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Cheerleaders win temporary injunction in high-profile free speech case
October 18th, 2012
04:14 PM ET

Cheerleaders win temporary injunction in high-profile free speech case

By Jason Morris, CNN

Dallas (CNN)– Cheerleaders from a small eastern Texas town have won the first battle in their crusade to display Christian religious messages on banners at their high school's football games.

State District Judge Steve Thomas of Hardin County implemented a temporary injunction Thursday in favor of the Kountze High School cheerleaders, and by setting a trial date of June 24, 2013, Thomas effectively allows the cheerleaders to keep displaying Bible-quoting signs at Kountze athletic events through the end of this current school year.

Macy Matthews, a 15-year-old Kountze sophomore, was eating lunch at cheerleading camp last July when her friend Megan became inspired by images she saw on social media.

"She saw a picture on Pinterest of a team that had made a run-through sign with a scripture on it, and as we were sitting down eating, she showed us and asked if we would be interested in doing that for the football season. So, we all talked about it," Matthews remembered. "We all loved the idea and thought it was really cool and encouraging."

Macy's mother, Coti Matthews, said the girls were excited to use Biblical phrases they considered motivational and uplifting for both the Kountz Lions and their opponents.

"It's their Christian belief, and they liked the idea and thought it was very positive, instead of doing traditional banners that say things like, 'Cage the Eagles,' or 'Bash the Tigers,' she said.

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Instead, before the first three home games this season, the football players bolted onto the field through banners bearing New Testament verses such as "I can do all things through Christ who strengthens me." Philippians 4:13; "I press on toward the goal to win the prize for which God has called me in Christ Jesus." Philippians 3:14; and "If God is for us, who can be against us, who can be against us?" Romans 8:31.

Phrases such as those have embroiled the cheerleaders from the small east Texas town of Kountze in a legal controversy: Are the banners, when used at a public school event, a legitimate individual expression of free speech, or do they violate the concept of separation of church and state?

The cheerleaders recently found out via an intercom announcement during the last period of school that they were no longer allowed to use Bible verses on their run-through banners. Macy Matthews said the decision came abruptly, with no explanation. "I was shocked, but I was also very hurt that we couldn't do it anymore, and I didn't understand how we were violating any rights," Matthews told CNN.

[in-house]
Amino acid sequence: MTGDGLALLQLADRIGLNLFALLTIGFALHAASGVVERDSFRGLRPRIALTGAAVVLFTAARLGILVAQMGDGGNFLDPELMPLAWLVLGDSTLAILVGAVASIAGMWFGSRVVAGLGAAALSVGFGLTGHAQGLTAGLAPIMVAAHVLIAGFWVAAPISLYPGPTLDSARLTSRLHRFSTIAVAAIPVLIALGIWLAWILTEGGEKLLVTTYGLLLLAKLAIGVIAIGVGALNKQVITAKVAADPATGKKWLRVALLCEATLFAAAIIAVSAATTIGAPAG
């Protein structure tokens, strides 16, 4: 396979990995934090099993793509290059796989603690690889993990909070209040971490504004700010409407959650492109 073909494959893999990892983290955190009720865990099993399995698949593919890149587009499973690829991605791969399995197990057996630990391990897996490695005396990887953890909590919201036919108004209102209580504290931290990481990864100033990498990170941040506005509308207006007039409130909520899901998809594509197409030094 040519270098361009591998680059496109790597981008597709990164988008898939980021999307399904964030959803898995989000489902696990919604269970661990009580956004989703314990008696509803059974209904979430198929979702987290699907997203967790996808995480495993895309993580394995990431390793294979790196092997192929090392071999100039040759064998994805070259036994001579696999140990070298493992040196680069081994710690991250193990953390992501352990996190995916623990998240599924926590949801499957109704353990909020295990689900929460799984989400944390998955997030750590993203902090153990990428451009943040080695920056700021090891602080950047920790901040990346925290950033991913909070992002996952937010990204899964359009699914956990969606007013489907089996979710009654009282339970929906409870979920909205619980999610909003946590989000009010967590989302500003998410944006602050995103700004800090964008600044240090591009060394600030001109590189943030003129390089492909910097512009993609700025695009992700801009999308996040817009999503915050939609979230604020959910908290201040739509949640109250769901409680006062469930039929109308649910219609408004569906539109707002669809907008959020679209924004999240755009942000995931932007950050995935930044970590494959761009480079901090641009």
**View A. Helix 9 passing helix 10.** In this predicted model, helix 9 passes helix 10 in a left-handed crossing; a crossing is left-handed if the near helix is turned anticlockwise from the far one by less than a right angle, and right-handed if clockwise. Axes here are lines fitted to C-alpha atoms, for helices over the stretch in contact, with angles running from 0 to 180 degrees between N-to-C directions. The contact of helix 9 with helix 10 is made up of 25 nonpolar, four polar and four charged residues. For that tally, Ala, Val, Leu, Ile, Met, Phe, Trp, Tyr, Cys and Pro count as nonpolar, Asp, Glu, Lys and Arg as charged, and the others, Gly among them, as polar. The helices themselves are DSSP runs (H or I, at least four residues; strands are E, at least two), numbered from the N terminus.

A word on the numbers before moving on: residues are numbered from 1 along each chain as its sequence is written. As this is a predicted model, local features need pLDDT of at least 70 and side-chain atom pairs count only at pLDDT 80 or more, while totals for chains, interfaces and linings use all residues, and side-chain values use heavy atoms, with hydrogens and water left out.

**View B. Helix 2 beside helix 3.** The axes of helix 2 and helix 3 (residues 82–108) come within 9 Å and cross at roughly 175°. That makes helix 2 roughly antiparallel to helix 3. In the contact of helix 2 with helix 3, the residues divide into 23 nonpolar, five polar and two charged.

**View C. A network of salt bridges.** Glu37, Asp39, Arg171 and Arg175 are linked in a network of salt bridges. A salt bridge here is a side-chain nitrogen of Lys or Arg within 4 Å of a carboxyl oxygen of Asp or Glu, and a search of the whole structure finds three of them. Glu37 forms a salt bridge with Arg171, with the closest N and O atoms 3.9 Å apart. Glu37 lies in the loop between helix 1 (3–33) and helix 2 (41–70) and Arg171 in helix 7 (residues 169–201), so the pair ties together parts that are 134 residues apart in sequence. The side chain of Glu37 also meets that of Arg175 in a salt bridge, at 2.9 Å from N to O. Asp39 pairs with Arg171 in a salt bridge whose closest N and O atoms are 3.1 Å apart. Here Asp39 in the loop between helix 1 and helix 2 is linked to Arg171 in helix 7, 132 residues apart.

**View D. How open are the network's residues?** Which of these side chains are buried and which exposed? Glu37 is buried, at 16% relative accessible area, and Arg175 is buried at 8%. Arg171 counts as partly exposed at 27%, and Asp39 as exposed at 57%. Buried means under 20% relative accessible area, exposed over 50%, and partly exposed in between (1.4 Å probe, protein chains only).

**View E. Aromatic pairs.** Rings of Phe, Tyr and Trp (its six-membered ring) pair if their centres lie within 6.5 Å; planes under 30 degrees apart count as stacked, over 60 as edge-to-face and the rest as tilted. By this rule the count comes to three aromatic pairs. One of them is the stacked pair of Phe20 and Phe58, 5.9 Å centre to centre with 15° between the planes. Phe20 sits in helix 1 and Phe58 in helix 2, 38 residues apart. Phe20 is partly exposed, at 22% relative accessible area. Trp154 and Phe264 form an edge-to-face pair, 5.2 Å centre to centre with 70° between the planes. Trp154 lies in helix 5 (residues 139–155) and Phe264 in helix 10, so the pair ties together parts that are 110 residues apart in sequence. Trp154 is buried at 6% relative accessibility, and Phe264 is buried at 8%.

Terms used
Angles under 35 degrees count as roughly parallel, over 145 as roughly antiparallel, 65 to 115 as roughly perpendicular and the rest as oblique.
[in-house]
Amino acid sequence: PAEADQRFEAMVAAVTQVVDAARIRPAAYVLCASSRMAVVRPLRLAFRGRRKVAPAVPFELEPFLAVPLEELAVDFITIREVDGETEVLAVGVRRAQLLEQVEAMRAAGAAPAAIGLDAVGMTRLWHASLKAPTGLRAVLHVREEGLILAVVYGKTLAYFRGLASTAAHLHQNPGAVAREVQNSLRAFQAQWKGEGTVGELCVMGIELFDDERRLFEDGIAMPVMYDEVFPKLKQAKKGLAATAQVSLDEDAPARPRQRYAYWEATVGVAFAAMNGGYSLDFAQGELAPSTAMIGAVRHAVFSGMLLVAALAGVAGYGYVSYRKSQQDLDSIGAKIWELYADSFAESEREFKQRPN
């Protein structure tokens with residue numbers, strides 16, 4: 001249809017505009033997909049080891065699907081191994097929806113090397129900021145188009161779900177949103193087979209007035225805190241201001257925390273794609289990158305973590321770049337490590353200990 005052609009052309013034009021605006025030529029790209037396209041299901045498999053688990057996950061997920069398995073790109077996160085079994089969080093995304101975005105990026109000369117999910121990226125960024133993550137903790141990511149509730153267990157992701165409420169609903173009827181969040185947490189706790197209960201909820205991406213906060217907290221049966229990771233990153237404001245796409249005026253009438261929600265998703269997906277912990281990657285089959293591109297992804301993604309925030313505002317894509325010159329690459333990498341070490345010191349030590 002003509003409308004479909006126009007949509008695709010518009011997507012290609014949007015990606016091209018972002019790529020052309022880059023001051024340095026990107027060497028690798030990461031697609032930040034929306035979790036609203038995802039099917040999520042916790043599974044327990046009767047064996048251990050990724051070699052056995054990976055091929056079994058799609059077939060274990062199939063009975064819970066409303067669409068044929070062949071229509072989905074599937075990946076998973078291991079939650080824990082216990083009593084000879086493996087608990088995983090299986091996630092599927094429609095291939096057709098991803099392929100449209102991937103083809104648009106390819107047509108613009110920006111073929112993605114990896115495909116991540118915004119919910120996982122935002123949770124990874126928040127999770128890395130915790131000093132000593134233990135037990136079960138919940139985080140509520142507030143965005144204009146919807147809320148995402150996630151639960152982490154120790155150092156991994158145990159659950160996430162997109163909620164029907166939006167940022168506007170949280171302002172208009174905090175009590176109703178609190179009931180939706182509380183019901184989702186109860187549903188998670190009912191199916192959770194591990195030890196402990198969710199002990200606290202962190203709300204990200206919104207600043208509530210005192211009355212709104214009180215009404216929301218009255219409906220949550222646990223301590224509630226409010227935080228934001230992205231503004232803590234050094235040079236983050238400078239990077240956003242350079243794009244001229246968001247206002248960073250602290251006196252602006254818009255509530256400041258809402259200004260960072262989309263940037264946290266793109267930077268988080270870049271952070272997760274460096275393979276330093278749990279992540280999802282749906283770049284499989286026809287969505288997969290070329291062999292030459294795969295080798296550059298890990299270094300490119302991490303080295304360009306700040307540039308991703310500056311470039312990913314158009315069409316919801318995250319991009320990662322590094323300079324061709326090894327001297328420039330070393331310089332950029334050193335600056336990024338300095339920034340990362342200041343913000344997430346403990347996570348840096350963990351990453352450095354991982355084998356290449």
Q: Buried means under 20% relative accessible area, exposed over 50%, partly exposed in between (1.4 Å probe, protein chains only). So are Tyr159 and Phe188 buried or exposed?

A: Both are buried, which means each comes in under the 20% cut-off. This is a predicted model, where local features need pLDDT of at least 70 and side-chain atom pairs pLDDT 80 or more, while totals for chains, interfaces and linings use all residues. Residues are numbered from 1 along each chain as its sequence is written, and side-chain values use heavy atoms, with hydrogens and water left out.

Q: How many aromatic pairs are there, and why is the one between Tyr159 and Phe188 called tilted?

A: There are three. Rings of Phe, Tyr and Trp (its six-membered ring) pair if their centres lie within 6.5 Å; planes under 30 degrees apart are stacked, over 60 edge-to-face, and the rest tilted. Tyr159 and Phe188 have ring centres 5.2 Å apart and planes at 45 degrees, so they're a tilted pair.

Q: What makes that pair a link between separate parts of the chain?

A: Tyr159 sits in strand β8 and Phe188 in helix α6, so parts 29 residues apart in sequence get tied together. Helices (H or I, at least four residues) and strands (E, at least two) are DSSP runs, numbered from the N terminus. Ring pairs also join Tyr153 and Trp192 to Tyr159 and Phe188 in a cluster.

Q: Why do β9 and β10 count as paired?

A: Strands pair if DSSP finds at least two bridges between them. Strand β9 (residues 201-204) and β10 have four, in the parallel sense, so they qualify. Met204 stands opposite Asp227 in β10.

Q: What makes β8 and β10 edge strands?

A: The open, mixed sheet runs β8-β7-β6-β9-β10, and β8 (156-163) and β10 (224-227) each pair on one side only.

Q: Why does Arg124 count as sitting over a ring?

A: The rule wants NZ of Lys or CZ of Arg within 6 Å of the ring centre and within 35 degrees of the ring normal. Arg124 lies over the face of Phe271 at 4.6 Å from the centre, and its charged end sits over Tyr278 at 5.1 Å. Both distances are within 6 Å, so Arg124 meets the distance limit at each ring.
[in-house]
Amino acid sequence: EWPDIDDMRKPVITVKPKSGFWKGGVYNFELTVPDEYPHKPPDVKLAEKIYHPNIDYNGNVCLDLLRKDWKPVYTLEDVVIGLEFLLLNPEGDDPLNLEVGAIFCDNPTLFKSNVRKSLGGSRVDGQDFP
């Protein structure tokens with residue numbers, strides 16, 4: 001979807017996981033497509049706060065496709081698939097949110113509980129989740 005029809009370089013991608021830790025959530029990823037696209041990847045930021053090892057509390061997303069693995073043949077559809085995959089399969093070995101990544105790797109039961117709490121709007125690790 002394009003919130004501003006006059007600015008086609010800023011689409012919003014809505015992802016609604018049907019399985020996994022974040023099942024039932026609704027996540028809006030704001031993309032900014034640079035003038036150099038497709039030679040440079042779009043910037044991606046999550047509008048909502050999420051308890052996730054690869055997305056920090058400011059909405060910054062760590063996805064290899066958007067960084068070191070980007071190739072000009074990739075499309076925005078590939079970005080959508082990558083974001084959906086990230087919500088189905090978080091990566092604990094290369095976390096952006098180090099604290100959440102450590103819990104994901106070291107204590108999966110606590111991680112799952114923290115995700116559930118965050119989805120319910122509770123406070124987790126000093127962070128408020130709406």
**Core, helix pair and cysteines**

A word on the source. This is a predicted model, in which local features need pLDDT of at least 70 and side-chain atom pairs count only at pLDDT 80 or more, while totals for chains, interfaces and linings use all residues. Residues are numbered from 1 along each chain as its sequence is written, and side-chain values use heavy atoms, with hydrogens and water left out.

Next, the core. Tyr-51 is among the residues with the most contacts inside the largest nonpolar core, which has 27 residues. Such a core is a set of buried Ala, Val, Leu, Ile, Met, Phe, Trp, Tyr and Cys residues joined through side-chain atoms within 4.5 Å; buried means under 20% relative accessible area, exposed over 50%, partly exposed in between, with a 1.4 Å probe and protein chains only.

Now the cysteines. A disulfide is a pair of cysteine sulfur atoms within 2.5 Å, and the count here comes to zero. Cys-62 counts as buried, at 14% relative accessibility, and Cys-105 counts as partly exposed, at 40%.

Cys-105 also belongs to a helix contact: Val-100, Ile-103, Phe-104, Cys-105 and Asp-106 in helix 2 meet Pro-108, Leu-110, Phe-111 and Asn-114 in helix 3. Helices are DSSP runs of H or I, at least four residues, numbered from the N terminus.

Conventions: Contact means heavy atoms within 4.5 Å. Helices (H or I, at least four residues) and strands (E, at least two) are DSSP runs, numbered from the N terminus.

Thomas agreed enough to impose the injunction in Matthews v. Kountze Independent School District, ruling that, among other things, the plaintiffs would "suffer a probably imminent and irreparable injury in the interim" without the injunction.

Texas' Attorney General Greg Abbott praised the judge's ruling.

"Today's decision is an important victory for the cheerleaders' freedom of religion. The Constitution has never demanded that students check their religious beliefs at the schoolhouse door. Students' ability to express their religious views adds to the diversity of thought that has made this country so strong," Abbott said. "Texas law supports students' right to freely express their religious beliefs without discrimination. We will not allow groups or individuals to wage a war on religion by trying to intimidate students into embracing a secular mindset."

How this case went to court

The Freedom From Religion Foundation, a national nonprofit organization based in Madison, Wisconsin, that advocates the separation of church and state, ignited the spark that brought the story into the national spotlight. The organization said it received a complaint about the religious nature of the cheerleaders' signs from somebody in the community, but citing privacy concerns, wouldn't reveal any additional details. The foundation then sent a letter to the Kountze Independent School District, claiming that the religious nature of the cheerleaders' signs was illegal.

Based on a precedent set in a 2000 Supreme Court case, Santa Fe Independent School District v. Jane Doe, the Kountze Independent School District's attorneys advised Superintendent Kevin Weldon to immediately ban the religious banners. In that case emanating from southeast Texas, the Supreme Court ruled that it would not allow the broadcast of student-initiated and student-led prayer over the public address system before high school football games.

After the Kountze Independent School District's decision, the cheerleaders and their families filed suit on September 20. Judge Thomas issued a temporary two-week restraining order later that day, allowing the cheerleaders to continue using their "spirit run-through banners," and extended that order another two weeks on October 4.

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Thomas Brandt, the lawyer who represents the Kountze ISD and Superintendent Weldon, says this situation is very similar to Santa Fe v. Jane Doe, and in good faith, they asked the court for clarity and interpretation of the law so they can do the right thing.